PORTLAND, Ore. (KOIN) — Bicyclists call it “The Dirty 30.”

That’s the stretch of Highway 30 connecting to the St. Johns Bridge, a rough stretch of road that is a popular trucking route for construction and scrap.

The Oregon Department of Transportation said they wait until winter is over to start sweeping roads again. That means gravel and other scrap can pile up over the winter months.

Ben Helgren is the owner of Block Bikes in Portland, April 3, 2019 (KOIN)

That’s particulary tough on older bridges like the St. Johns Bridge, where there isn’t room for a bike lane. Hazardous lane conditions can push cyclists dangerously close to traffic.

“We fix a lot of flat tires for people that have gotten a flat tire on the bridge or over on Highway 30. It’s really common,” said Ben Helgren, who owns Block Bikes. “People are getting nails from the rough rocks or the nails or the scrap metal falling off of trucks. It’s just a dirty highway to ride on.”

ODOT’s winter maintenance crews are now transitioning to spring projects — fixing guardrails, filling potholes and following up on other damage they couldn’t repair over winter months — in addition to sweeping the roads.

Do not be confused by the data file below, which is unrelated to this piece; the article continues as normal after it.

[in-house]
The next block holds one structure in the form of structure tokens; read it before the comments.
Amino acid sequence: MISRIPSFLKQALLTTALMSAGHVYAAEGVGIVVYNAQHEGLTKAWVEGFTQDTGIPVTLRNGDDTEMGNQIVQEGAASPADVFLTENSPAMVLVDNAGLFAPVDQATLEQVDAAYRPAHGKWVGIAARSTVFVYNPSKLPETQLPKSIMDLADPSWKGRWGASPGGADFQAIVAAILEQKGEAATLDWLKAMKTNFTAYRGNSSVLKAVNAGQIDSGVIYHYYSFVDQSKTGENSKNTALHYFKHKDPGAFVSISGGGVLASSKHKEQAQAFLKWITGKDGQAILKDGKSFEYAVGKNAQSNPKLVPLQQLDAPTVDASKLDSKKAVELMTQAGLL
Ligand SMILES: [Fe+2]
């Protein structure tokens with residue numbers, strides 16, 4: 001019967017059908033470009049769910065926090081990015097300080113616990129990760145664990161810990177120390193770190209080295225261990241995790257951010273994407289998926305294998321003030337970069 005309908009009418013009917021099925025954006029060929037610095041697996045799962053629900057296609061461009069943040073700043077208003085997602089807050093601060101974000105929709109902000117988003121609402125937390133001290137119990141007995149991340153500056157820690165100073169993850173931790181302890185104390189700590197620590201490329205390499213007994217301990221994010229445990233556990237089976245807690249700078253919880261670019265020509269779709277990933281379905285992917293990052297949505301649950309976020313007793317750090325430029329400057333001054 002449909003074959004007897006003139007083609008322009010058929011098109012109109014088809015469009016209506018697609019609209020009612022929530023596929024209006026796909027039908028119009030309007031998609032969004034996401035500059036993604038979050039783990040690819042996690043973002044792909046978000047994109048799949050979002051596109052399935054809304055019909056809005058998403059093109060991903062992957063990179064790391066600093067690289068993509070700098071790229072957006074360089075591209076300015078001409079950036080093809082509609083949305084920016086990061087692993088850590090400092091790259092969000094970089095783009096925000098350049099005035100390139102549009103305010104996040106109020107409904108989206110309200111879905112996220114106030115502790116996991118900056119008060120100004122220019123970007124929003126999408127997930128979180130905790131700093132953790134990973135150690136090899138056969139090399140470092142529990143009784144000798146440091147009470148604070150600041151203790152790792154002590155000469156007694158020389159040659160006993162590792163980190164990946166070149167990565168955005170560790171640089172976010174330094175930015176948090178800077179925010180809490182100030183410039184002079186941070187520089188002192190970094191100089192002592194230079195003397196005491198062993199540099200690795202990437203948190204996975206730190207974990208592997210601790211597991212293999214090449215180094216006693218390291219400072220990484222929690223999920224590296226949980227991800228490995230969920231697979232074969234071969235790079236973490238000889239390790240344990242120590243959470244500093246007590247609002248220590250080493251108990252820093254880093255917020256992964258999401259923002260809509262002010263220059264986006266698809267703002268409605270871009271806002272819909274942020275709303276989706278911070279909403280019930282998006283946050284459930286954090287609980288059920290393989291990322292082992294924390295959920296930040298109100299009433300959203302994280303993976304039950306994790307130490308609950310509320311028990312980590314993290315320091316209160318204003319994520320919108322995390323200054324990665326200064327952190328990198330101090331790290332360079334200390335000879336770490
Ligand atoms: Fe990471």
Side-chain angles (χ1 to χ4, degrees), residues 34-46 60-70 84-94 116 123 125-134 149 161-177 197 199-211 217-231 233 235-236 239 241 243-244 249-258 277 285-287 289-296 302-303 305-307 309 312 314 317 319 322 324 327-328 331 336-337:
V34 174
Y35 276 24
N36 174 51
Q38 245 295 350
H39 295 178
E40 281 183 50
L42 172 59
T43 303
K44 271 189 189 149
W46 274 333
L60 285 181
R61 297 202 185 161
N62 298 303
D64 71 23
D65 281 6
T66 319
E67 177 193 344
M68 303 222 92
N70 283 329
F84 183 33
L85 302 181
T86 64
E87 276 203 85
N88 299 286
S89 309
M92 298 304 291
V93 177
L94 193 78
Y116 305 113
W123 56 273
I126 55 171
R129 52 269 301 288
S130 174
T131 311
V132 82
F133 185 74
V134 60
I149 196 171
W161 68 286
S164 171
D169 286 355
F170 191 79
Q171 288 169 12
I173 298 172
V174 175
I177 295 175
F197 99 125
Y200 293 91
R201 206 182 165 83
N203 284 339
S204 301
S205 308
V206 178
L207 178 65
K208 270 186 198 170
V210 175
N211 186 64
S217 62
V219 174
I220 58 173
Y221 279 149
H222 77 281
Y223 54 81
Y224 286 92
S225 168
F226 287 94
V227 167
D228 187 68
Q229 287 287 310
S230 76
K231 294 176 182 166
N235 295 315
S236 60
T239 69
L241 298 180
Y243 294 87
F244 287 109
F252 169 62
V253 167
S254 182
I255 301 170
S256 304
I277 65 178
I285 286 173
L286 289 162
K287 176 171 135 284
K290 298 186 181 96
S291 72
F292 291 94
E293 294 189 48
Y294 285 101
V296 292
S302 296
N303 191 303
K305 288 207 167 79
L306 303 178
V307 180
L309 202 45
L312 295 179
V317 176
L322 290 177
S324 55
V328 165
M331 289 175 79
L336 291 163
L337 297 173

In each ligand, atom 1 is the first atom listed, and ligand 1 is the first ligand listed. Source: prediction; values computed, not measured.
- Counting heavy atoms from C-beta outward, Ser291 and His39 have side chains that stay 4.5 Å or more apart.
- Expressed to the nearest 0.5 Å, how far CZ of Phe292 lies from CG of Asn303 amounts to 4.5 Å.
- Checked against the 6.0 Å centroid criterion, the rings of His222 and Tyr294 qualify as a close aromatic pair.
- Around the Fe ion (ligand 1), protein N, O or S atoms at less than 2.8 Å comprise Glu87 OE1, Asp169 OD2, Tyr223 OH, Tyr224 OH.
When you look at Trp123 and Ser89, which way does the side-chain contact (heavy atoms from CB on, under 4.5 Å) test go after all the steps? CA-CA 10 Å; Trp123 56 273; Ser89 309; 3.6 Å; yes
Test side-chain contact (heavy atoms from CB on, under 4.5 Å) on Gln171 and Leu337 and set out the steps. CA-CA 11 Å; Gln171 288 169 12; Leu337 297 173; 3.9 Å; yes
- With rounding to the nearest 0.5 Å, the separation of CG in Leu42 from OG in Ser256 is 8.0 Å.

Brian Jensen saw firsthand how much hazardous scrap was falling on the bridge. As he jogged back and forth he noticed a lot of nails along the road.

So he thought he could do something about it. He had a magnet and a ski pole “and taped them together,” he told KOIN 6 News. 

He took the magnet-on-a-pole and walked along the bridge — and pulled up about 20 pounds of sharp metal objects.

He said he didn’t have a bag and filled up his pockets. “Probably about 200 nails and screws, tons of brakepad dust, sawblades, a wrench, a lighter, lugnuts” are among the items his magnet grabbed.

His initiative, shared on social media, is being applauded by runners and cyclists.